Legion version 1.7 and forward support backup vaults for certain types of objects. Backup vaults are used to replicate an object's persistent state in case the object's primary vault crashes or is unavailable. When the object deactivates, its state is copied to all of its backup vaults. When it is reactivated, its class will first check the object's primary vault for its persistent state. If the primary vault is unavailable, the class will look in one of the backup vaults.

Please note that the backup vaults may not have a current copy of the object's state. If the object had been deactivated, the backup vaults will be current. If the object was running when the primary vault crashed, however, the backup vaults' copy will be out-of-date. You should only use backup vaults for objects whose state does not change or who can tolerate recovery from with out-of-date state.

At present, backup vaults can be used for BasicFileClass, ContextClass, ImplementationObject, and UserAuthenticationObject objects. These classes all belong to the SKCC_MetaClass. SKCC stands for Simple K-Copy Class, meaning that the class's state is copied k times when an instance is deactivated.

6.5.1 Assigning and synchronizing backup vaults

There are two commands related to backup vaults: legion_set_backup_vaults and legion_synch_vaults. The former adds and deletes vaults from the object's list of vaults and the latter synchronizes the copy of the object's state in the backup and primary vaults. Please see page 15 and page 18 in the Reference Manual for more information on these commands.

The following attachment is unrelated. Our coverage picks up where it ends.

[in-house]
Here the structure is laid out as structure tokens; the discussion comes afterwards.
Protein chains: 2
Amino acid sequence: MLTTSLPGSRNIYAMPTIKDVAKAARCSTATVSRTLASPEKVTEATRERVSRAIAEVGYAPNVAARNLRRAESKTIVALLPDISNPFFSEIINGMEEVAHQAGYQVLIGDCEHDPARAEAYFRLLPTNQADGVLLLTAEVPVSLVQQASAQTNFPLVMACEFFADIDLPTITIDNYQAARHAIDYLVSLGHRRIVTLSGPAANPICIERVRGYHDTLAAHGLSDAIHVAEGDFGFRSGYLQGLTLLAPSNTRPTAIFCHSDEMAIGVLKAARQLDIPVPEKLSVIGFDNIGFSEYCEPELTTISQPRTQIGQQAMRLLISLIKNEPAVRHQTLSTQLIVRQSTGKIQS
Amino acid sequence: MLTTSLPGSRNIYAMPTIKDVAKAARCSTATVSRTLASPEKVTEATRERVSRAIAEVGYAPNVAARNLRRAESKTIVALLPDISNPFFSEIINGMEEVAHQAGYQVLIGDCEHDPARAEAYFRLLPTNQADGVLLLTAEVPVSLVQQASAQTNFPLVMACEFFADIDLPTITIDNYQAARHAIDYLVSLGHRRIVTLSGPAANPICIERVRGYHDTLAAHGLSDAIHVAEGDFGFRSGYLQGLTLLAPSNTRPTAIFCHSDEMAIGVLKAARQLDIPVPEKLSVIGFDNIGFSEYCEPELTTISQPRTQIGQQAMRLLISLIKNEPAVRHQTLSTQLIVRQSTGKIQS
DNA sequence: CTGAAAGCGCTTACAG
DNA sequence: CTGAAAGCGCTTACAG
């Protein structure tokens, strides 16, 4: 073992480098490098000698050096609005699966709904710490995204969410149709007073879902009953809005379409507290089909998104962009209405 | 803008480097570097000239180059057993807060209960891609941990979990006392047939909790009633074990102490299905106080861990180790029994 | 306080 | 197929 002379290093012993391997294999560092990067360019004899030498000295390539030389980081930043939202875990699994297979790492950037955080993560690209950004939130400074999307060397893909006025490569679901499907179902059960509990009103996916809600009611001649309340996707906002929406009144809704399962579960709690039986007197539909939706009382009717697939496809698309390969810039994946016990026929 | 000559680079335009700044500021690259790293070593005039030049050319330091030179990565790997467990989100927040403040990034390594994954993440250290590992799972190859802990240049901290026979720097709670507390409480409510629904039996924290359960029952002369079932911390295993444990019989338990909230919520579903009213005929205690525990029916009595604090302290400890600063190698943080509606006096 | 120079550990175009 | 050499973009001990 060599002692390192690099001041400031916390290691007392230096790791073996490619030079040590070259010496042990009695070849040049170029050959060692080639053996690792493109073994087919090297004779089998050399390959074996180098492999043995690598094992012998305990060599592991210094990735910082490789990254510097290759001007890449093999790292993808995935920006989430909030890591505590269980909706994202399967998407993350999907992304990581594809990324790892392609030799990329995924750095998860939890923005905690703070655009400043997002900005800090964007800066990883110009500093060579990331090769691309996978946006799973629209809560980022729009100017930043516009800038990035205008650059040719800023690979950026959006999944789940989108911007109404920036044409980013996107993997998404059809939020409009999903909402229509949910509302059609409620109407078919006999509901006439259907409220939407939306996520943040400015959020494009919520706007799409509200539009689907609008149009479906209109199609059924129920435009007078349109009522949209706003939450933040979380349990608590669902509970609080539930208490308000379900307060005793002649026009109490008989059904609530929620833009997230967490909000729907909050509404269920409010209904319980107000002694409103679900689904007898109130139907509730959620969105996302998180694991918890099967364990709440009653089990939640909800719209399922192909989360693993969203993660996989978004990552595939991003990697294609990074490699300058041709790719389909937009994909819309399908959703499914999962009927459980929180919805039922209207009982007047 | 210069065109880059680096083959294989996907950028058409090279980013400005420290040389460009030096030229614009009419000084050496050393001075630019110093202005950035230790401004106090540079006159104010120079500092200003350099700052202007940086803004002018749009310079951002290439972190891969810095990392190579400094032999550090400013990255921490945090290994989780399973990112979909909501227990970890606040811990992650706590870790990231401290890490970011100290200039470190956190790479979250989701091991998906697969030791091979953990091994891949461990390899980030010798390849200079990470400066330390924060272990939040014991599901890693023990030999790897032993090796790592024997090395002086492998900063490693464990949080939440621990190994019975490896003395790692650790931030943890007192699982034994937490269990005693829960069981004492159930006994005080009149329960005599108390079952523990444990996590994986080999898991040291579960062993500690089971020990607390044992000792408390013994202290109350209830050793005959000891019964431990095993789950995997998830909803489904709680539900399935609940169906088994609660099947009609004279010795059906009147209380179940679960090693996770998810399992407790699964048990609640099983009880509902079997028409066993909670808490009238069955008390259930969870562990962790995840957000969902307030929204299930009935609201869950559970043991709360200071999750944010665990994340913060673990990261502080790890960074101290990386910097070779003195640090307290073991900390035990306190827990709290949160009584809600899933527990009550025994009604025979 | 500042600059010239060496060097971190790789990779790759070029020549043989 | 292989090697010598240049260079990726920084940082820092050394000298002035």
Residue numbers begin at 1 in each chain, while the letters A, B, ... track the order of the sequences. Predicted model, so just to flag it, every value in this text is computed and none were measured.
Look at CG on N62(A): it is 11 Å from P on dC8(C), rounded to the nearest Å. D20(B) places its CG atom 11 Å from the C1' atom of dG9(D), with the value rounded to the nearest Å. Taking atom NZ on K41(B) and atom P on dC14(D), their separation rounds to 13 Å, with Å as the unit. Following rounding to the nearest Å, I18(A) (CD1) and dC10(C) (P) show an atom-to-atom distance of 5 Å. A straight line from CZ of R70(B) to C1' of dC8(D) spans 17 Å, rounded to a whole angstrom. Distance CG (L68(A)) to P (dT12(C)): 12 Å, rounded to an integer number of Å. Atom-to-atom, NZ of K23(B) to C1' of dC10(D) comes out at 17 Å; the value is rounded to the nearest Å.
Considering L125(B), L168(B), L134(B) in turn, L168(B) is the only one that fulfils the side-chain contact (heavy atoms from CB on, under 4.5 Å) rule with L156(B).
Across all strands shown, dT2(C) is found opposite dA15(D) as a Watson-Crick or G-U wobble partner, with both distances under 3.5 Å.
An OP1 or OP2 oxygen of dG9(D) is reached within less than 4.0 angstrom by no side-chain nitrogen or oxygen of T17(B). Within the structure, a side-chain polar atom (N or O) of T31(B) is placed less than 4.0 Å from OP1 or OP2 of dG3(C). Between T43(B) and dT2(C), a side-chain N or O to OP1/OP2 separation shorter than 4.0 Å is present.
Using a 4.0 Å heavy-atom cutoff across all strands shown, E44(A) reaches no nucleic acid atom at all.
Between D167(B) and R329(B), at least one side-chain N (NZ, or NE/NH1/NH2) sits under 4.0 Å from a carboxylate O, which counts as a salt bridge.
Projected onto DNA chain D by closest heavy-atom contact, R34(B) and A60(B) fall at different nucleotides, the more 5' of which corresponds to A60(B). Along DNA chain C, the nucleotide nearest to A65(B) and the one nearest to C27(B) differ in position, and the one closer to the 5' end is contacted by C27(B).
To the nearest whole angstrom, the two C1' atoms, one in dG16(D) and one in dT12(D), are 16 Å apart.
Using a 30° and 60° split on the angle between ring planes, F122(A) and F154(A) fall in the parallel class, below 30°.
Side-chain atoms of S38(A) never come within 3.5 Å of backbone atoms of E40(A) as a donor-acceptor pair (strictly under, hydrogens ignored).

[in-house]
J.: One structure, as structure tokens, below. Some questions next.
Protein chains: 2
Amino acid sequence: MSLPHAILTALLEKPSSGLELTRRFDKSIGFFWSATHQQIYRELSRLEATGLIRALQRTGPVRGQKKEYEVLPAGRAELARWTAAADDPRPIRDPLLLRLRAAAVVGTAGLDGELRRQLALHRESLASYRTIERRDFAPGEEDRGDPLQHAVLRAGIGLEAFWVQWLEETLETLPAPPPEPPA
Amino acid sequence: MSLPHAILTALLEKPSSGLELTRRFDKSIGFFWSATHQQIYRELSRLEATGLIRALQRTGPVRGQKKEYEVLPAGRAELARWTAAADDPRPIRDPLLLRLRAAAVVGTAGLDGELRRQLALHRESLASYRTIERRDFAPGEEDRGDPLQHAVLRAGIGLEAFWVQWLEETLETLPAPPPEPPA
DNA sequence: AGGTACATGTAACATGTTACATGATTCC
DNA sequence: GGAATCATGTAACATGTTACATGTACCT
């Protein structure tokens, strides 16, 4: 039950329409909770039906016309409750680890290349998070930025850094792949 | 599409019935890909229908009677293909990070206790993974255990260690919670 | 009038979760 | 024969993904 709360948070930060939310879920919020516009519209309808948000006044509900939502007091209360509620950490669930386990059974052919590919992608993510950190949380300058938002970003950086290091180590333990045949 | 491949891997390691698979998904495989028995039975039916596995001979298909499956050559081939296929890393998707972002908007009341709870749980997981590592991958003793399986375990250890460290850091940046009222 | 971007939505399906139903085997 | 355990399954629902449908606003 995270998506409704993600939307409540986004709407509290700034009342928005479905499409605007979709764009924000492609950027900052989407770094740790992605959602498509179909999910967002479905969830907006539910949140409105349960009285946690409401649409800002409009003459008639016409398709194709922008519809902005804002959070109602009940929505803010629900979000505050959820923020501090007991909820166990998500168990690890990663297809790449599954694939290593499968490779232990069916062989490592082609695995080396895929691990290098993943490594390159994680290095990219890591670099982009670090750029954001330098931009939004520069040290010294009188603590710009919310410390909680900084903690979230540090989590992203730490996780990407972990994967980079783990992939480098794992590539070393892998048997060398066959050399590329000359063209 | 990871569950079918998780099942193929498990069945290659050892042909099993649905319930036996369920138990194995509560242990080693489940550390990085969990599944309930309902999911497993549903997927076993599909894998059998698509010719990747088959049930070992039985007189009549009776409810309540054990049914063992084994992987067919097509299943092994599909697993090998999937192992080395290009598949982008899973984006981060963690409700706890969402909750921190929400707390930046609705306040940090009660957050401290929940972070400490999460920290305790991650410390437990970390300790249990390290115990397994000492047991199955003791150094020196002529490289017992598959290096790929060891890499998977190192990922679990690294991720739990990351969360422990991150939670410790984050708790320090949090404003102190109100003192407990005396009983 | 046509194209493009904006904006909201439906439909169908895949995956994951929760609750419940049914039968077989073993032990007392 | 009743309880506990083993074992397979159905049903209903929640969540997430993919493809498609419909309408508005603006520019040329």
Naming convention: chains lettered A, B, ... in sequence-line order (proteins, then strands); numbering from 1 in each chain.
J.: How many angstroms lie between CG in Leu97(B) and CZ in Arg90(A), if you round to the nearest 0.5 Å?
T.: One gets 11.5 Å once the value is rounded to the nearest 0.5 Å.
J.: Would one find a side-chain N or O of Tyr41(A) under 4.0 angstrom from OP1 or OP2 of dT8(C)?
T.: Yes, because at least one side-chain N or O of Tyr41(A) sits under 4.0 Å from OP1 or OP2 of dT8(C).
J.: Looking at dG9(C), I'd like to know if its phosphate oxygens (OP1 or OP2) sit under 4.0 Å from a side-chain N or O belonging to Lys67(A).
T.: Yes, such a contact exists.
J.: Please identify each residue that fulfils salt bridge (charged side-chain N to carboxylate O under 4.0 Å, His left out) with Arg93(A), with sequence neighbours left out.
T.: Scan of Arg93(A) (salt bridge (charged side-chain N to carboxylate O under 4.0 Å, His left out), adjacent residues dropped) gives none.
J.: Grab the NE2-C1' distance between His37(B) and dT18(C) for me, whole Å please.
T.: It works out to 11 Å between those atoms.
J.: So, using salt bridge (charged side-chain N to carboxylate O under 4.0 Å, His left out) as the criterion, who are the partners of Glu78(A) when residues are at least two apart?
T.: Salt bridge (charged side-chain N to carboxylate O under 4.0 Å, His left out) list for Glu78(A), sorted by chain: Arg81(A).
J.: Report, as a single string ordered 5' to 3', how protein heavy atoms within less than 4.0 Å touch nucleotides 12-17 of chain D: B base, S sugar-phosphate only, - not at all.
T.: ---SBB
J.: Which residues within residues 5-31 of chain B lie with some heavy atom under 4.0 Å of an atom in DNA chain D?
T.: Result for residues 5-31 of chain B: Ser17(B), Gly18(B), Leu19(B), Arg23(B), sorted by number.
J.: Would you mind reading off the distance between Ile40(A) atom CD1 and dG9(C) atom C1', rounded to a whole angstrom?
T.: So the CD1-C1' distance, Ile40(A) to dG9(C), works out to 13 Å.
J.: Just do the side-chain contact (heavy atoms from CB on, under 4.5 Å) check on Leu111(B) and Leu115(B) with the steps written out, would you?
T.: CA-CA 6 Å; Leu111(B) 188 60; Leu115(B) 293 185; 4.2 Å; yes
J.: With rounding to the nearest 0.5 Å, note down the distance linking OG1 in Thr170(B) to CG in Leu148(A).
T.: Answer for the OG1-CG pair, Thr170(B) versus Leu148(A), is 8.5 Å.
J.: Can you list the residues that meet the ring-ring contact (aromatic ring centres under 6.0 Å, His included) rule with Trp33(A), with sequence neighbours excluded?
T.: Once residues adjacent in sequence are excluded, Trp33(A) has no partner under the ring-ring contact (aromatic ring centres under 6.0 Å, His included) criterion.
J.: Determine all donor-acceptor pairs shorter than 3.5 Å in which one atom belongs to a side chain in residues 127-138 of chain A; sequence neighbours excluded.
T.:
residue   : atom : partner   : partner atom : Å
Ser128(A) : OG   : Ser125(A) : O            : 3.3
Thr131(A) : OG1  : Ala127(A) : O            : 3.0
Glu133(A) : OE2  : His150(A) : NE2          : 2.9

6.5.2 Using replication

Any instance of one of the classes mentioned above can use backup vaults. You can use a current existing object or create a new one:

$ legion_cp -localsrc localfile Foo 

You can then use legion_set_backup_vaults to set the object's backup vaults:

$ legion_set_backup_vaults /home/myContext/Foo \
  -a /vaults/VaultA -a /vaults/VaultB 

When Foo deactivates, its state will be replicated to VaultA and VaultB. At any point you can synchronize its backup vaults' copy of its state with legion_synch_vaults:

$ legion_synch_vaults /home/mycontext/Foo 

6.5.3 WORM objects

Backup vaults are especially useful for objects whose state never changes, such as Write-Once Read-Many (WORM) objects. An object can be marked as a WORM object with the legion_set_worm command. A WORM object's state will be copied to its backup vaults only once. The legion_unset_worm command indicates that a WORM object is no longer using WORM semantics and that its state now needs to be updated each time the object deactivates. Please see page 10 in the Reference Manual for more information on these commands.